• Pliny the Younger described food in his letters.Pliny the Elder wrote about edible plants in his naturalist works.Galen recommended edible remedies in his medical writings.Petronius described a lavish banquet in his satire, “Trimalchio’s Dinner.” Cicero wrote about meals. Cato the Elder wrote about farming, sacrifices and food in his book, “De AgriCultura.”Athenaeus of Naukratis described a banquet, called Deipnosophists, which described the conversation during a feast.
  • Apicius – De Re Coquinaria = On The Subject Of Cooking. Attributed to CaeliusApicius, due to the words API CAE in the heading of one of two ancient manuscripts. Collection of Roman cookery recipes. Written in a language closer to Vulgar than Classical Latin.Columell – De ReRustica = On The Subject Of Rustic. Recipes, including instructions on how to preserve and pickle fruits and vegetables.
  • Early Rome: *early morning breakfast *main meal at lunch *light supperLate Rome: *early morning breakfast *light lunch *sunset main meal
  • Plebeian (Lower Class) Dinner: Vegetable porridge and bread. Occasionally fish, meat, olives and fruits.
  • Apperitif: Mulsum Wine (Honey wine. Chill before serving.) Cena Beverage: Setinum Wine (from Hills of Setia, above the Appian Forum. Sharp, fiery, fig-flavored. Favored by Augustus because it does not cause indegestion. Pair with dessert, cheeses, seafood, spicy dishes. Gustatio: #1 Boiled Eggs with Pine Nut Sauce. #2 Seasoned Mussels, with Garum (fish sauce.) Prima Mensa: Hot Lamb Stew. Secunda Mensa: #1 Pear Patina. #2 Libum Sweet Cheesecake. #3 Plate of figs, pears and nuts. A nap or resting time followed this heavy meal.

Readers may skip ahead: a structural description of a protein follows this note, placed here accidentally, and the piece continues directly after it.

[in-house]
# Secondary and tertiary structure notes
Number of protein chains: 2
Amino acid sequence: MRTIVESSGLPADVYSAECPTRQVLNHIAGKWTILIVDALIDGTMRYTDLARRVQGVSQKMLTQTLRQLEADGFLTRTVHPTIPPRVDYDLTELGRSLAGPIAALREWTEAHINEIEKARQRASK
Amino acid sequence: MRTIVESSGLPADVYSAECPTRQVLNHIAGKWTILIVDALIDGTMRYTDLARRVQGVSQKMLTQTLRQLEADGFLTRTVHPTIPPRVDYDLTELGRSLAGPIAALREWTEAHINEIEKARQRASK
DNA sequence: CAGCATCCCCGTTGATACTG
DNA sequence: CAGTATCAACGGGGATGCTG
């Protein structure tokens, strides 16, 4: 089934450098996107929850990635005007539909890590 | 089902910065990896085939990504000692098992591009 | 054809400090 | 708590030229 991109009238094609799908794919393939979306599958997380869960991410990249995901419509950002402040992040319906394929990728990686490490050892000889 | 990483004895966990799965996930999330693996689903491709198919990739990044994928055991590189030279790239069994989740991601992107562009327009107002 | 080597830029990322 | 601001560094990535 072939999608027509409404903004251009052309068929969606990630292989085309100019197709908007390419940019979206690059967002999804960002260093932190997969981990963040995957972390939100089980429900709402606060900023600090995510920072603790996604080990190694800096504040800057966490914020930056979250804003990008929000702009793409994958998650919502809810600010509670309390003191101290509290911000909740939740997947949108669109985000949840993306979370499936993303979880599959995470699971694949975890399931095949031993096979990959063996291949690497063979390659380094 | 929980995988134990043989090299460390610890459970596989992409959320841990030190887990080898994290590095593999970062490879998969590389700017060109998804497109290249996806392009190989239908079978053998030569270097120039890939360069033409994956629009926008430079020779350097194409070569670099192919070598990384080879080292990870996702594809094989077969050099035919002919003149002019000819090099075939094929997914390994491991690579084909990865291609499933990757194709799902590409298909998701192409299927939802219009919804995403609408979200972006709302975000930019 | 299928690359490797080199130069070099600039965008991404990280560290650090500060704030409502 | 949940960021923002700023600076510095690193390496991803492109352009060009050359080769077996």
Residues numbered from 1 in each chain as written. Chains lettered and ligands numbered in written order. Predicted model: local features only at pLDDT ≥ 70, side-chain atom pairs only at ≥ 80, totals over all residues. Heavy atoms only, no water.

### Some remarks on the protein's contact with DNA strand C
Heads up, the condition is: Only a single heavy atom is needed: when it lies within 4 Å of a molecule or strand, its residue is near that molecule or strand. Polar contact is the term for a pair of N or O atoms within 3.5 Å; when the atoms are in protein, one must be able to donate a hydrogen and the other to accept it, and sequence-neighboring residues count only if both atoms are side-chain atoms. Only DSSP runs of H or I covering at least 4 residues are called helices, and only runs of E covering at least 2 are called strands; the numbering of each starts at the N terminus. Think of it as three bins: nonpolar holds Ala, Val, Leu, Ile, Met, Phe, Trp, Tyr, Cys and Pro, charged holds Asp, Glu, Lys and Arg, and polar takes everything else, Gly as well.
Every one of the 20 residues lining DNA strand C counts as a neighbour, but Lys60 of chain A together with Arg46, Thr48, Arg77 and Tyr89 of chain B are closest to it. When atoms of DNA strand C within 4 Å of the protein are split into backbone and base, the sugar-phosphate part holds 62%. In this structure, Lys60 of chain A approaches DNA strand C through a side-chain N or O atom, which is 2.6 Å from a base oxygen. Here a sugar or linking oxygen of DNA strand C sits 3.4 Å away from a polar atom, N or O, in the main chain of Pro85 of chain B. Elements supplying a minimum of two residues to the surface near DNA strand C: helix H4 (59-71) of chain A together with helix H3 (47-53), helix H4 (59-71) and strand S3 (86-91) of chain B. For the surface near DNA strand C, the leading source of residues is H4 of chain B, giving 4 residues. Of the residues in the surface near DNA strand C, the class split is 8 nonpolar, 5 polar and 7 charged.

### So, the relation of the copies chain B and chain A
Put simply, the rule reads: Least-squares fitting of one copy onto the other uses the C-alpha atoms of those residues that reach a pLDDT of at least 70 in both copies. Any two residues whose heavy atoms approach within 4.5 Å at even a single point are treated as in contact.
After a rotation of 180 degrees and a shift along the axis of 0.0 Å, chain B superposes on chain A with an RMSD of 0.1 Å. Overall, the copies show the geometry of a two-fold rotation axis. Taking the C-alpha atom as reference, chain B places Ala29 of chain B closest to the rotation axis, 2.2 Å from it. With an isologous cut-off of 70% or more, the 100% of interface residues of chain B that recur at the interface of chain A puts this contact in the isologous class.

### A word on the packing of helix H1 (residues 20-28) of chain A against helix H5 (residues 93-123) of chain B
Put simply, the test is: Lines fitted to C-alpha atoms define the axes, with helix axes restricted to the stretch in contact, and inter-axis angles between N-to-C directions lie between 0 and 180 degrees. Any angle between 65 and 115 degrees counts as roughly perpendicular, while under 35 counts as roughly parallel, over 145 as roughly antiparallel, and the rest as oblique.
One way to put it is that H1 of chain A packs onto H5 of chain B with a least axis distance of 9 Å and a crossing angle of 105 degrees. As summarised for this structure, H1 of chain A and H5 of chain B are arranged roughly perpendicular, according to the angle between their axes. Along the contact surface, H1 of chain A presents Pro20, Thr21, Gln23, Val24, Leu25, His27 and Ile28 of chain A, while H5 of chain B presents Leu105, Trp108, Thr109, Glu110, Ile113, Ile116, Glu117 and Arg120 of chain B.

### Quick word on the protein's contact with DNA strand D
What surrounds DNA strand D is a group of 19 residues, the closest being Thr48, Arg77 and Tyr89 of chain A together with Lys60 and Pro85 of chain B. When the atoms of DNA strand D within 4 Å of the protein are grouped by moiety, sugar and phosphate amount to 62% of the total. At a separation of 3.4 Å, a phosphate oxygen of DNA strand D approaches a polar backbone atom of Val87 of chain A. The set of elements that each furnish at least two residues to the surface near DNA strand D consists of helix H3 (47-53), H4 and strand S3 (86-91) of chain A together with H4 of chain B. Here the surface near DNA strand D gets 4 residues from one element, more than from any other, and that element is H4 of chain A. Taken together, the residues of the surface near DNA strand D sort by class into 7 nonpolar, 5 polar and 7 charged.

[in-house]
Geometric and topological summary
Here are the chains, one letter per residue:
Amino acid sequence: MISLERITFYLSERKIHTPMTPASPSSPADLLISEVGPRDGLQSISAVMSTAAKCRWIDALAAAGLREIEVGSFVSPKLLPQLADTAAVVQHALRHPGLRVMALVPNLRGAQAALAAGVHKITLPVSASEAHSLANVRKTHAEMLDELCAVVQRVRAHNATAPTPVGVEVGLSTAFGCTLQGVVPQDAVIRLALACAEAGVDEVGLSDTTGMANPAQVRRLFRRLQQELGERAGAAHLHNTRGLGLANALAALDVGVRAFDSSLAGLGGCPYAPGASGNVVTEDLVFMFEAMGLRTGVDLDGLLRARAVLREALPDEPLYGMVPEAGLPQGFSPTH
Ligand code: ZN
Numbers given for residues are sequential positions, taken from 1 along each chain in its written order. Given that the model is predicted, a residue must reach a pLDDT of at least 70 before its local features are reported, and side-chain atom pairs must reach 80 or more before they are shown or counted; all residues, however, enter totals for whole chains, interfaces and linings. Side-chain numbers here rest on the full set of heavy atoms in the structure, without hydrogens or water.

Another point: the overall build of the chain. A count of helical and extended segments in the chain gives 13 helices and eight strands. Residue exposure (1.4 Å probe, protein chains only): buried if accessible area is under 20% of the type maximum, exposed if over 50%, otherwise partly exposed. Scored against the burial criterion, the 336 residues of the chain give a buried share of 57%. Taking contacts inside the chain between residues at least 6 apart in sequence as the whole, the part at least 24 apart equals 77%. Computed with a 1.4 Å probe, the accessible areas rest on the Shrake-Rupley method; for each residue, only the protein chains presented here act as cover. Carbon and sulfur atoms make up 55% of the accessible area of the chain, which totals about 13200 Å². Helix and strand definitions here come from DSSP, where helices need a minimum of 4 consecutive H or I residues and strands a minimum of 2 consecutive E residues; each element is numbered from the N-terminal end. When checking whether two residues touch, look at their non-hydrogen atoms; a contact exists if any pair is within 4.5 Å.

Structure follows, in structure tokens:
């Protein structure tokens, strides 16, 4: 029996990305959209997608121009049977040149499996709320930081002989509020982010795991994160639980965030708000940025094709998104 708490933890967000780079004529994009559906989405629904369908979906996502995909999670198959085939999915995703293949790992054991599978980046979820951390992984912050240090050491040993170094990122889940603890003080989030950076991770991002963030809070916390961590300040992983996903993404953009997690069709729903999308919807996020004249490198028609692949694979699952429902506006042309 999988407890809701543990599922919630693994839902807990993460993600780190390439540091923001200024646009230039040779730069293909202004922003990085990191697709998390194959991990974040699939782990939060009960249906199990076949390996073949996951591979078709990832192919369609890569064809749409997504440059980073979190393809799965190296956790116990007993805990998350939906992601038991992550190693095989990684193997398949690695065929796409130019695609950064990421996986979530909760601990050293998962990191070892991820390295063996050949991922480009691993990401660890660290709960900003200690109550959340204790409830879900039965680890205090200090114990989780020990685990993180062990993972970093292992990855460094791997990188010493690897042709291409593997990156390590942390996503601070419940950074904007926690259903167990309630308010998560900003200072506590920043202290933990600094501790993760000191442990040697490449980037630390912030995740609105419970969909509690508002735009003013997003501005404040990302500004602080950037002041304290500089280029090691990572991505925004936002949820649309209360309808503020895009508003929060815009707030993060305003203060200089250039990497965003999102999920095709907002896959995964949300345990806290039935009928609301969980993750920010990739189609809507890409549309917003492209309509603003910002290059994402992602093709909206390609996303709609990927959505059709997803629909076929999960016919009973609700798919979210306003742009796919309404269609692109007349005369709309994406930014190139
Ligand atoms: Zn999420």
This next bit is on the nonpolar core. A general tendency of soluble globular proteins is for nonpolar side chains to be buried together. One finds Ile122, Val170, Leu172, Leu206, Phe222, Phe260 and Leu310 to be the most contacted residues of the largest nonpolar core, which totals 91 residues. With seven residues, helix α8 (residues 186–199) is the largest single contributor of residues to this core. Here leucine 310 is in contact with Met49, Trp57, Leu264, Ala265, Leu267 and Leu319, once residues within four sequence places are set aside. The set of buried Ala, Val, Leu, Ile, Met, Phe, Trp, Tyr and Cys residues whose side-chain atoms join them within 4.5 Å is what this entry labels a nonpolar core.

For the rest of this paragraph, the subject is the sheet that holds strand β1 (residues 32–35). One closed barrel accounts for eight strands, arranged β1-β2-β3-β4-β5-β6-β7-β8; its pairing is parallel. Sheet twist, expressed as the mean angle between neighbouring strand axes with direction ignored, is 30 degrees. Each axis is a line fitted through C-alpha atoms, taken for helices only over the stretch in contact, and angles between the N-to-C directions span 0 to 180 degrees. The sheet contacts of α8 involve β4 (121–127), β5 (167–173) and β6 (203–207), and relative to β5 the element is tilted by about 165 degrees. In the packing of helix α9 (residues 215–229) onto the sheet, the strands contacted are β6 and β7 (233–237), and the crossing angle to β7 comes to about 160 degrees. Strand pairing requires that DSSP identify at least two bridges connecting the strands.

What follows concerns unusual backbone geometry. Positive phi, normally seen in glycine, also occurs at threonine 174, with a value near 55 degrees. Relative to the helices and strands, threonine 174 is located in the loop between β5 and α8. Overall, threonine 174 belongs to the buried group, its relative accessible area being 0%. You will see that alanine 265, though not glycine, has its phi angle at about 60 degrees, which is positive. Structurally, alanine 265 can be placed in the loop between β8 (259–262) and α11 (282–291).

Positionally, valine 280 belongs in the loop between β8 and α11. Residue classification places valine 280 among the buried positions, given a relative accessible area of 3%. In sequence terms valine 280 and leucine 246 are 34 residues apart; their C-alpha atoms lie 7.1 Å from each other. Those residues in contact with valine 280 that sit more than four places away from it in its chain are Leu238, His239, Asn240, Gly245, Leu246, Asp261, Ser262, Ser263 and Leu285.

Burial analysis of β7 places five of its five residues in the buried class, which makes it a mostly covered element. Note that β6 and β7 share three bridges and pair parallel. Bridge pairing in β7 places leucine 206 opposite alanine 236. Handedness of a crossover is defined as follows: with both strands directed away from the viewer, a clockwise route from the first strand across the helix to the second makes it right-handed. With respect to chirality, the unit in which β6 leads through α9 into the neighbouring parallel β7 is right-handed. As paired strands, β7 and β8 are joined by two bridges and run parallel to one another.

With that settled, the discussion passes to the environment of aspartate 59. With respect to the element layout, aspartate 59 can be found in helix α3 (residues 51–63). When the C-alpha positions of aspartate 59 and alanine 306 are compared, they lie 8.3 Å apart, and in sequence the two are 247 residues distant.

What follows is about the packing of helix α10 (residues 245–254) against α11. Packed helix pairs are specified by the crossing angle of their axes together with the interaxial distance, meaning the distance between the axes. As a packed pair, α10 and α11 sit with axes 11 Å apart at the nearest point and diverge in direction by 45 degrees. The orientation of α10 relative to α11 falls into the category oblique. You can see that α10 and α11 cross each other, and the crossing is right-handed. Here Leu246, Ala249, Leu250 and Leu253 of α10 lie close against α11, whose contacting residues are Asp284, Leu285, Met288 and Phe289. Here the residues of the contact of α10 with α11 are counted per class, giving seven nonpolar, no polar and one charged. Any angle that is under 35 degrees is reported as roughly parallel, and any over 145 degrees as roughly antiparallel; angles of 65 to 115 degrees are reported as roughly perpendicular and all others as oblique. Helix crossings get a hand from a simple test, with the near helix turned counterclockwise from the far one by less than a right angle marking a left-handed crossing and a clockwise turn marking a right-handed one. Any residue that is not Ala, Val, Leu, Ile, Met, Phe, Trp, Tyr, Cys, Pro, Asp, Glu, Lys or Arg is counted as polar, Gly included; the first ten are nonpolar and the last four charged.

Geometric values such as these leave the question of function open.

• These recipe cards feature a modern approach to classical recipes. Illustrations ©2012 Kristin Donner.
  • Roman City dig, session 9, 2012: Nutrition in the Ancient World, by Kristin Donner

    1. 1.  Nutritional Remains Pottery  Cooking  Transport and Storage Art Literature Cook Books Roman Meal Structure Sample Menu  Plebeian Dinner Format  Aristocratic Dinner Format
    2. 2. Legio XV in Pram, AustriaExcavations provide evidence Scientific analysis of bones & shells indicates animals consumed Seed deposits provide evidence for fruits eaten Preserved food (Pompeii) presents unparalleled evidence Proximity of cooking equipment indicates preparation practices